Solving the Brachistochrone with PyTorch

The brachistochrone problem is simple to explain. Imagine a bead which is free to slide on a wire. What shape of wire will get the bead from point A to point B in the shortest time? If you're wondering about the name, "brachistochrone" apparently means "shortest time" in Ancient Greek. Makes sense. The image below shows the optimal path in red, along with some slower paths in blue.

This was inspired by Declan, who was using this problem to learn about genetic algorithms. To quote him, "The genetic optimization algorithm may be the greatest concept to ever emerge from the mind of man." A bit dramatic, I think.

The problem can be solved with calculus, but I decided to approach this problem with gradient descent using PyTorch. It seemed like a natural solution, and a good way to learn about Torch. The image below shows my optimization approaching the shape of the known cycloid solution in blue.

I divided the wire into segments with heights \(y_i\) and calculated the speed at each segment using the height difference from the starting point. Then I found the length of the segments using the height differences between points. I calculated the time to reach each point, \(t_i\), by integrating the segment length divided by the speeds. Finally, I used automatic differentiation to find the derivatives \(\frac{dt_i}{dy_j}\) and used gradient descent to minimize the time to reach the final point, \(t_{last}\).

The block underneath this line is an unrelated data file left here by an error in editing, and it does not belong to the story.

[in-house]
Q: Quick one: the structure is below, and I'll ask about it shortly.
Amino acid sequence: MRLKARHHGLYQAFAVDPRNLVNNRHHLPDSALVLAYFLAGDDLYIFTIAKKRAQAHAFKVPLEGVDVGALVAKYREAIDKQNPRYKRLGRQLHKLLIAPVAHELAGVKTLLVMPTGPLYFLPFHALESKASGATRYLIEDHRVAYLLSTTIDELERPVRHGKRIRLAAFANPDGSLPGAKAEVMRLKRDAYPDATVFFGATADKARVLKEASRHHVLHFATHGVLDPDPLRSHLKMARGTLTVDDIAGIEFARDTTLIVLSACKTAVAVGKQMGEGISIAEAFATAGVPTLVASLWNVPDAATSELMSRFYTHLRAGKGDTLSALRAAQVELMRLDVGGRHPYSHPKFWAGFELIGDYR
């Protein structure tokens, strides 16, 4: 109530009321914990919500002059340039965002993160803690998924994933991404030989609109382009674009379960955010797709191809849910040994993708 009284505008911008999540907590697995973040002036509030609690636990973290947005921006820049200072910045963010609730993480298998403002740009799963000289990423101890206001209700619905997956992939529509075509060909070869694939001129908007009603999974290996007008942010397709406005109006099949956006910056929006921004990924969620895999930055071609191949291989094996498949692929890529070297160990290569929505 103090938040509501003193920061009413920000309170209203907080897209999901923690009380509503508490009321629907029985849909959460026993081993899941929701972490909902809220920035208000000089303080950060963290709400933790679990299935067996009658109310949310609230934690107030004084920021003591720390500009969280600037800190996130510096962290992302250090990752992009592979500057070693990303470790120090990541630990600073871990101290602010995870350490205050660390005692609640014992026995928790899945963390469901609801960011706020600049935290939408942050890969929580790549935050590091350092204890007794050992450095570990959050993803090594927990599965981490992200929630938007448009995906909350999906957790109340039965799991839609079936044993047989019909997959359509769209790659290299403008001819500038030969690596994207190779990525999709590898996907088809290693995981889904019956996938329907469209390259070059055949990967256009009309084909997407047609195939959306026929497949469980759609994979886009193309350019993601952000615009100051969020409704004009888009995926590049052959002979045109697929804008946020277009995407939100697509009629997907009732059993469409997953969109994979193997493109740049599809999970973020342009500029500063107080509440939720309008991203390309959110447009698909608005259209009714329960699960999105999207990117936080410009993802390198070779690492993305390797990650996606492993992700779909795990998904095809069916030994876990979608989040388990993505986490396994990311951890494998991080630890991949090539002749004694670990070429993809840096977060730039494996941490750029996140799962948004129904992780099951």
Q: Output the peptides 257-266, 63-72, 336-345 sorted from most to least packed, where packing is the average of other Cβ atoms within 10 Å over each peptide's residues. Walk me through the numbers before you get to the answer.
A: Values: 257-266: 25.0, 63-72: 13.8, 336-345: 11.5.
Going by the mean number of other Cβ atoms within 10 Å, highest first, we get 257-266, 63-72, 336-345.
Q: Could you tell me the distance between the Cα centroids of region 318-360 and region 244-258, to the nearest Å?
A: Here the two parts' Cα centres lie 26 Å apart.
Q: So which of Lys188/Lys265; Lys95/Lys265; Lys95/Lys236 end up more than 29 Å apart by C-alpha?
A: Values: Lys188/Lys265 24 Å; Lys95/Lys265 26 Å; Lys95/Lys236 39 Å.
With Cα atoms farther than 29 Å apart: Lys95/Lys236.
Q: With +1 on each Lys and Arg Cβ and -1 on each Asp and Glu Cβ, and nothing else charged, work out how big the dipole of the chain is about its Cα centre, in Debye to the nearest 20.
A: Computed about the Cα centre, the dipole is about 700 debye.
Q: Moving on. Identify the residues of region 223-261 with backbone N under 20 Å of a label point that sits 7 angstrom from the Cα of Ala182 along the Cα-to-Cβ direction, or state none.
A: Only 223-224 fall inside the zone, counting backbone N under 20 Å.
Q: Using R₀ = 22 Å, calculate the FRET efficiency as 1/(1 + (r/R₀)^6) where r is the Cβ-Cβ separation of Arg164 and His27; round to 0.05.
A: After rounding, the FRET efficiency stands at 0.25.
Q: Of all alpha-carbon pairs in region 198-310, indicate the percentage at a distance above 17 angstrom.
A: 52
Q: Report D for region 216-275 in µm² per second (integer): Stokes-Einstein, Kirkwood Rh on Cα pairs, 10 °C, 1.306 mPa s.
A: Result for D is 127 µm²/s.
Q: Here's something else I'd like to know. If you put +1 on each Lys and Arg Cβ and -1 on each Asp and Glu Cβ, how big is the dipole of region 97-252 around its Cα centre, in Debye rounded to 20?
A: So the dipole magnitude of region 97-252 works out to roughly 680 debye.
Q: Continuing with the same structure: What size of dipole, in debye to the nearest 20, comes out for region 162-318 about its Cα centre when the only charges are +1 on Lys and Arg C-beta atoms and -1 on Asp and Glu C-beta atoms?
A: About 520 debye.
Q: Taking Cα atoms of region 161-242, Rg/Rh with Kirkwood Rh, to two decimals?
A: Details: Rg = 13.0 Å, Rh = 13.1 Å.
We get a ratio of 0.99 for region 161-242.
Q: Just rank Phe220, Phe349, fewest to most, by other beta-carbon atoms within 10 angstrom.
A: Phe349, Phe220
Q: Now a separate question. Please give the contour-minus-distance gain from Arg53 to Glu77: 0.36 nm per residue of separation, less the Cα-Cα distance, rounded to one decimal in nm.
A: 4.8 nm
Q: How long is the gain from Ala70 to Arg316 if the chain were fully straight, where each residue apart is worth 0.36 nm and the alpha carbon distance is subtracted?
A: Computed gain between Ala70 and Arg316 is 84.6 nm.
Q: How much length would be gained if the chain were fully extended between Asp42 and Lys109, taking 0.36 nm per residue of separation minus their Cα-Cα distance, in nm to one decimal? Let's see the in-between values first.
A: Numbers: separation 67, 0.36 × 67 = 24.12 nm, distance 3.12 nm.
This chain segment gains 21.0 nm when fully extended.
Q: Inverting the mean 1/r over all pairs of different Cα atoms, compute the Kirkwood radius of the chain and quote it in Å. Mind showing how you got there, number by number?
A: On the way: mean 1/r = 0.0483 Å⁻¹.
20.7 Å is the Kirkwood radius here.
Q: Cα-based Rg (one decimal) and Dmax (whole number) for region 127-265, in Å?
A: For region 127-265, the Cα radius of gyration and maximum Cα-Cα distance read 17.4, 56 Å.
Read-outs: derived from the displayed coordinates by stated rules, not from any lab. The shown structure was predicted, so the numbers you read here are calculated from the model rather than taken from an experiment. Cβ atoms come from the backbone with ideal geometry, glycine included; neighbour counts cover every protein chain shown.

import torch
import numpy as np
import matplotlib.pyplot as plt
from scipy import optimize

starting_y = 0.25 # y position of the beginning of the wire, end always at 0
xs = torch.linspace(0,1,25) # evenly spaced points in x, from 0 to 1
ys = torch.linspace(starting_y,0,25, requires_grad=True) # start with a straight line connecting start to end

# the physics
def times(ys): # calculate the time to get to each point
	vs = torch.sqrt(starting_y - ys) # find velocity based on height
	dys = ys[1:] - ys[:-1] # find y difference
	dx = xs[1]-xs[0] # find x  difference
	lengths = torch.sqrt(dx.pow(2) + dys.pow(2)) # calculate arc length